Hip joint mobilizations are appropriate tools to help improve capsule and potentially other connective tissue mobility limitations. Since Janice has issues with tight hip flexors, I would assist her perform an inferior glide. To perform the mobilization, Janice would be lying on the end of table or bench, with a belt or strap wrapped around her the top of her leg and my leg and my leg too (Buckingham, n.d.). To begin the exercise, I would be in a staggered stance applying a slight distraction force forward against the leg. While holding, Janice should resist into me for 3-5 seconds and then relax. While relaxing the leg she should move it into a more flexed position. Repeat several times. (View mobilization here: http://members.nata.org/quizcenter/courses/gettingfunctional/handouts/Functional-Mobilization-Techniques-for-the-Lower-Extremities-1.pdf).
To progress the mobilization Janice can perform an inferior glide be herself with a strap, a step, a towel and some weights. To begin Janice would place her foot on a low step, with a strap carrying light weights around the thigh as close to the hip joint as possible (Reimann & Matheson, 2013). Janice should lean forward, shift the knee over the ankle, keep the heel down. She should safely perform 10 repetitions slowly. To progress the exercise Janice could oscillate the weight underneath her, or lift the weights up and down beneath her (Reimann & Matheson, 2013). Janice can also step up and step back from the starting position, to help increase mobility around the joint capsule.
To strengthen and help improve activation of the gluteals, the glute bride is ideal. The exercise activates, develops and improves the recruitment patterns of the glute musculature (Verstegen & Williams, 2004). To perform the exercise Janice would lie flat on the ground with her knees bent at 90° with a towel between them. With the core tightened, she should lift the hips toward the ceiling, while keeping her core down tight. She should lower down slowly, but not hit her but to the ground (Verstegen & Williams, 2004). To progress the movement once she’s achieved mastery and control, she can lift one leg at a time. To further challenge herself Janice, could straighten the leg in the air and pull it in to work on some hip flexor flexibility at the same time (Verstegen & Williams, 2004). These exercise can be found on pg 64-65.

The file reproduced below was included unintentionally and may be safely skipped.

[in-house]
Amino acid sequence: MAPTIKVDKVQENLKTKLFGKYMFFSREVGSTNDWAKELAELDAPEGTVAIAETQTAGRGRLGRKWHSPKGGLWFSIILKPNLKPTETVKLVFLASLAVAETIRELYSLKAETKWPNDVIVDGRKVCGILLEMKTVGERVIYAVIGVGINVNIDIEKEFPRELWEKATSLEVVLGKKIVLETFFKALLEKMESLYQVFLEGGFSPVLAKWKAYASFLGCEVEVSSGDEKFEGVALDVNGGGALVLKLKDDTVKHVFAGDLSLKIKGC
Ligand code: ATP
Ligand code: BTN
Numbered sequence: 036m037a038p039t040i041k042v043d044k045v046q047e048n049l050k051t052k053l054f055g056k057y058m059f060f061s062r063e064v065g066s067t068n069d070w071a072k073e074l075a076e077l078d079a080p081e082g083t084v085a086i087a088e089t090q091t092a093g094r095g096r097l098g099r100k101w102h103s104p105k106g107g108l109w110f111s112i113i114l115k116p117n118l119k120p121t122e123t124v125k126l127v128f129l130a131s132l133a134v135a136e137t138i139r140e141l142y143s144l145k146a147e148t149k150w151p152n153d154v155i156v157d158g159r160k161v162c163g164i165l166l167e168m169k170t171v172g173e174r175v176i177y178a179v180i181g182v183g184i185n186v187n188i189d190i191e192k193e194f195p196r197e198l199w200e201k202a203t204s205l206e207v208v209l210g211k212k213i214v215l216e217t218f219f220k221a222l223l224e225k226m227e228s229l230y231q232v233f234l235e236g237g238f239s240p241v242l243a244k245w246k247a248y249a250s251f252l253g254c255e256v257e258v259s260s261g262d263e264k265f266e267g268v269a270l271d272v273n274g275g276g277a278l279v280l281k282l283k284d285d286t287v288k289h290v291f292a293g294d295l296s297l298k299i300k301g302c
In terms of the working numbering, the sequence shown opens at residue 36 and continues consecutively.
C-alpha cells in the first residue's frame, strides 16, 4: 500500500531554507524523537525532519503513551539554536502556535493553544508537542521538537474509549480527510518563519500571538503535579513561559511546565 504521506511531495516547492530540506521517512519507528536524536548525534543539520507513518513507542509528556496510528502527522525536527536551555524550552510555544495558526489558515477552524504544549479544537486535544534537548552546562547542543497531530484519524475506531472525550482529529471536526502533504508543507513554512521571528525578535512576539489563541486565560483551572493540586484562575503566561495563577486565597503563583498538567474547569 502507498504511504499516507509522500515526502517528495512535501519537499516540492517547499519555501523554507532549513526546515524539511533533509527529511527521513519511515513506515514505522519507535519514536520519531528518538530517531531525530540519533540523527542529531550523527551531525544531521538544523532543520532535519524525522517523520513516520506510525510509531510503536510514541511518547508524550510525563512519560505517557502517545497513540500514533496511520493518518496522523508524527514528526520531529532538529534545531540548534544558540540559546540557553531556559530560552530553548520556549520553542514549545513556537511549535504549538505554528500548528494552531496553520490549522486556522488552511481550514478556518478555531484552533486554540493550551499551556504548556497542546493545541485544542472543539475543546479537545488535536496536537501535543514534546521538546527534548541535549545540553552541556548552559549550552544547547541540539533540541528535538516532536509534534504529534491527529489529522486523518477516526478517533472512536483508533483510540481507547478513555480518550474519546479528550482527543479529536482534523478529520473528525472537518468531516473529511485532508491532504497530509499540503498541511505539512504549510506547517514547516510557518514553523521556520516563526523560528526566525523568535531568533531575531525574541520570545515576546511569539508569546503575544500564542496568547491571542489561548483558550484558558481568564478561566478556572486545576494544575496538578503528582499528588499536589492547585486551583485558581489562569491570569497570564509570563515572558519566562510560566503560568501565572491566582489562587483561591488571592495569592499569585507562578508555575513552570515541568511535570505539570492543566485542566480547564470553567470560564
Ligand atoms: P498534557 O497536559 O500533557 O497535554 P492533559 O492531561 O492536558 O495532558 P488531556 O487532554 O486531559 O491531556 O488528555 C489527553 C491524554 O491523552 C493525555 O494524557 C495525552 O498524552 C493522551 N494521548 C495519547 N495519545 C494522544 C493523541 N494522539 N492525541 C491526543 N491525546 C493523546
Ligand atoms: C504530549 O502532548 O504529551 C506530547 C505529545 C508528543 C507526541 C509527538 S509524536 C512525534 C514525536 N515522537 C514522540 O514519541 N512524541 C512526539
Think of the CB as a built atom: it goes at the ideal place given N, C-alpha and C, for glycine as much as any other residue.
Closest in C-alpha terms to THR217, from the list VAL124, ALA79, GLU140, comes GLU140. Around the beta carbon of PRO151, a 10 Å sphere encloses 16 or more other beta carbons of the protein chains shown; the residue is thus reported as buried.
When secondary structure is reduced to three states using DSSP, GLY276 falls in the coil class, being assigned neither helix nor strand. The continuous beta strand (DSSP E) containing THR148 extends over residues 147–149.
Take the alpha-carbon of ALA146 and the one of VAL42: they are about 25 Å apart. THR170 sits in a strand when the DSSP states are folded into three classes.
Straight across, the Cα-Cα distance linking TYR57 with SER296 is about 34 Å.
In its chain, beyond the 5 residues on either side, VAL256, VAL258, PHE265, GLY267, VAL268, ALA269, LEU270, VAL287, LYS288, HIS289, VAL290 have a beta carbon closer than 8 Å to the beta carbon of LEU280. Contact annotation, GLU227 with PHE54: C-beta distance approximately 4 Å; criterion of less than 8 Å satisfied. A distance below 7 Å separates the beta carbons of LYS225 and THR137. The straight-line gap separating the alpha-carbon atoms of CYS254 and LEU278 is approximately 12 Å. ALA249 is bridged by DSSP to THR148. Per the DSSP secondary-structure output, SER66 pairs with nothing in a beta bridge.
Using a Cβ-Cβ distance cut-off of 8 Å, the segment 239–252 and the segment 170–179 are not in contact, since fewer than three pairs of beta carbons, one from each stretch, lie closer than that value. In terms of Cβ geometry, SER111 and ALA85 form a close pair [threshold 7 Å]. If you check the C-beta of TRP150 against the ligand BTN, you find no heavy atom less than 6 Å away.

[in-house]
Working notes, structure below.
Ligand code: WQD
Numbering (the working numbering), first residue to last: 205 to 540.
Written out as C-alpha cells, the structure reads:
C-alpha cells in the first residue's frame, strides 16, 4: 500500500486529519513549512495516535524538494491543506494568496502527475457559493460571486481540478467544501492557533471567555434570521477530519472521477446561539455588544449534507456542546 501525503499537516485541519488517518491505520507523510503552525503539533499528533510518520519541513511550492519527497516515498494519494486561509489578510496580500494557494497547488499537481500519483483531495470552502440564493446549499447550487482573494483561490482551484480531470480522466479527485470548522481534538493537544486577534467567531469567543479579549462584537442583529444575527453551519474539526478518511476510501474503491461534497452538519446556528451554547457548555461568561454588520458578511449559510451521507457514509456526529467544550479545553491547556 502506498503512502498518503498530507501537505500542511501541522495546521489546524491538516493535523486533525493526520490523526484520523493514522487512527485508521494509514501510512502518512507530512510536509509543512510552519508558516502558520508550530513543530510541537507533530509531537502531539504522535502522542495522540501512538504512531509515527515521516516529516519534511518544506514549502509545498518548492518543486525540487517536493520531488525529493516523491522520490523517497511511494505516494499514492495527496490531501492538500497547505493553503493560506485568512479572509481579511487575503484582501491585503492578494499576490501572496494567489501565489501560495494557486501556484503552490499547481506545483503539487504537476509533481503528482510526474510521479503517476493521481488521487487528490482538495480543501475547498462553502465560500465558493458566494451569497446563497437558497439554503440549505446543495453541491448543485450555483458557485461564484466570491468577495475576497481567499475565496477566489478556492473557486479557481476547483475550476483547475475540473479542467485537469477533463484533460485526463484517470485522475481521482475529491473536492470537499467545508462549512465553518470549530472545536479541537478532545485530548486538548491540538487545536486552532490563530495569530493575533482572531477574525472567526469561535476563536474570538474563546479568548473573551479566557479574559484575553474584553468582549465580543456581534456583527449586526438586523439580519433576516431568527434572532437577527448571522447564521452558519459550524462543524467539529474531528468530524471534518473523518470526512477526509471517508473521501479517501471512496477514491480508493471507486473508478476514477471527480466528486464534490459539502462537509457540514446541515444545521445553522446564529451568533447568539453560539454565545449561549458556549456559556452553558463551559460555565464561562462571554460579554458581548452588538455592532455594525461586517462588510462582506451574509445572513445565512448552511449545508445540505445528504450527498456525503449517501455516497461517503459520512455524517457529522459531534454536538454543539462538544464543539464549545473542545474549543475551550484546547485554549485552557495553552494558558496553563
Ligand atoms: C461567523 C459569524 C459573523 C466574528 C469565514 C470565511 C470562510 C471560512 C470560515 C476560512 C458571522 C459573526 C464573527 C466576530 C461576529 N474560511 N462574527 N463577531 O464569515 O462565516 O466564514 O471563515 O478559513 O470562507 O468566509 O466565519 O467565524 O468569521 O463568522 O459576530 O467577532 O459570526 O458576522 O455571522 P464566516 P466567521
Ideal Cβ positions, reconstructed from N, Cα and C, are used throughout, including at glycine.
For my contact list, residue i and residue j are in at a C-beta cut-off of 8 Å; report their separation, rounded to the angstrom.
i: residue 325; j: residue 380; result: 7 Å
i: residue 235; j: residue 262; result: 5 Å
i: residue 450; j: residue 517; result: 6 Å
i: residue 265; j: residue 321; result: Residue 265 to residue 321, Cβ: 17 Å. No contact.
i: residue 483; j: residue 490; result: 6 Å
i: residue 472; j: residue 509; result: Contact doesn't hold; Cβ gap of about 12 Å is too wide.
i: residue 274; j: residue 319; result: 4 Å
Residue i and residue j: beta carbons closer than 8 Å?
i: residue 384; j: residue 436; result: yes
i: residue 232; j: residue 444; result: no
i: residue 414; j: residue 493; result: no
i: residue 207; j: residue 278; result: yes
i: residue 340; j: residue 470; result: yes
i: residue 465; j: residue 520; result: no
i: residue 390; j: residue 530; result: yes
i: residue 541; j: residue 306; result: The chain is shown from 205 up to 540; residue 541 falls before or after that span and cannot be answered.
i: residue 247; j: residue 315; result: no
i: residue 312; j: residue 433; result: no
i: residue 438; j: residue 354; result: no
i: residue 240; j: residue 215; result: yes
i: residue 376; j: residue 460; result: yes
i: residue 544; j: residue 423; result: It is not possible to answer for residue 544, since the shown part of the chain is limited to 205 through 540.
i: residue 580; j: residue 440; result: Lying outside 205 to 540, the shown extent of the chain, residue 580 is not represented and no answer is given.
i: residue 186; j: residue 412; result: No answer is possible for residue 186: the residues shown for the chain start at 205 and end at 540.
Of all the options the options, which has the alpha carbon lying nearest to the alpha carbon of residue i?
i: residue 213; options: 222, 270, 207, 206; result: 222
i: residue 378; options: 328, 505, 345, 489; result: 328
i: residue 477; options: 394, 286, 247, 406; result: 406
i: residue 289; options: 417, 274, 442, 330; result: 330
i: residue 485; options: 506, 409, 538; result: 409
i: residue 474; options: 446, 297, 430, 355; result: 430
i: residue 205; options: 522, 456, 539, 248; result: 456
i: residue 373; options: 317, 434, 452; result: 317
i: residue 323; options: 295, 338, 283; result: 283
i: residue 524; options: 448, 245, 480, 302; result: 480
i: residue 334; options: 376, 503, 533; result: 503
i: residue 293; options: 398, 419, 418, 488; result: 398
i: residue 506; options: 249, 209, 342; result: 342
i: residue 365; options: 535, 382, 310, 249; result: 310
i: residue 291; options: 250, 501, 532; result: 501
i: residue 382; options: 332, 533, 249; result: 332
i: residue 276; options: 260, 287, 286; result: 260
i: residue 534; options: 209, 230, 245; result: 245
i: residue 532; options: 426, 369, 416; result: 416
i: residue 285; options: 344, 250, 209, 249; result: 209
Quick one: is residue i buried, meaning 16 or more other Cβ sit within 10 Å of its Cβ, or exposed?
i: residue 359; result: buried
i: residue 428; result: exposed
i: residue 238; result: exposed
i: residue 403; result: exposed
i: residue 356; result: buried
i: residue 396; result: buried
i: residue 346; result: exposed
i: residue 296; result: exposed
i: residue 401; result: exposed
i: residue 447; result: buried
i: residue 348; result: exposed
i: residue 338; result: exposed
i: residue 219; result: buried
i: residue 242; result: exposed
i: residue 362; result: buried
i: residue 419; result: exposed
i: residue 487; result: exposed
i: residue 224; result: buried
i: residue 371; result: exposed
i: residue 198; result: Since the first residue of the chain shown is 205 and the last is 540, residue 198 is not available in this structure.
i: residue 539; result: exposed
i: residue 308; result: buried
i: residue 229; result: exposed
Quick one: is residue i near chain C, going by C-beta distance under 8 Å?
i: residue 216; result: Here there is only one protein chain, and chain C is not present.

Janice has poor hip mobility due to tightness in her hip flexors and weakness in her gluteals. By foam rolling the hip flexor, doing the psoas stretch, and performing the inferior glide mobilization should reset the hip flexor group. Strengthening the gluteals will prevent, the lumbar spine from compensating in movement. These exercise series should help lessen Janice’s hip and back pain, restore her posture, improve her squat performance, and make her ready for more advanced exercises.
Buckingham, M. (n.d.). Functional mobilizations for the lower extremity. Retrieved from http://members.nata.org/quizcenter/courses/gettingfunctional/handouts/Functional-Mobilization-Techniques-for-
Cook, G. (2013, September 18). The three Rs. Retrieved from http://graycook.com/?p=1553
McGill, S., & Gray, J. (2014). Olympic weight lifting. In Functional training handbook (pp. 227-240). Philadelphia: Wolters Kluwer Health.
Nickelston, P. (2011). The overhead squat assessment. Dynamic Chiropractic, 29(2), 4-4.
Page, P., Frank, C. C., & Lardner, R. (2010). Assessment and treatment of muscle imbalance: The Janda approach. Leeds: Human Kinetics.
Reimann, M. P., & Matheson, J. W. (2013). Restricted hip mobility: Clinical suggestions for self‐mobilization and muscle re-education. International Journal of Sports Physical Therapy, 8(5), 729-740.
SportsWebPT. (2014, March 16). Hip flexors foam rolling. Retrieved from https://www.youtube.com/watch?time_continue=39&v=AwIh_YjUt8g
Verstegen, M., & Williams, P. (2004). Core performance: The revolutionary workout program to transform your body and your life. Emmaus, PA: Rodale.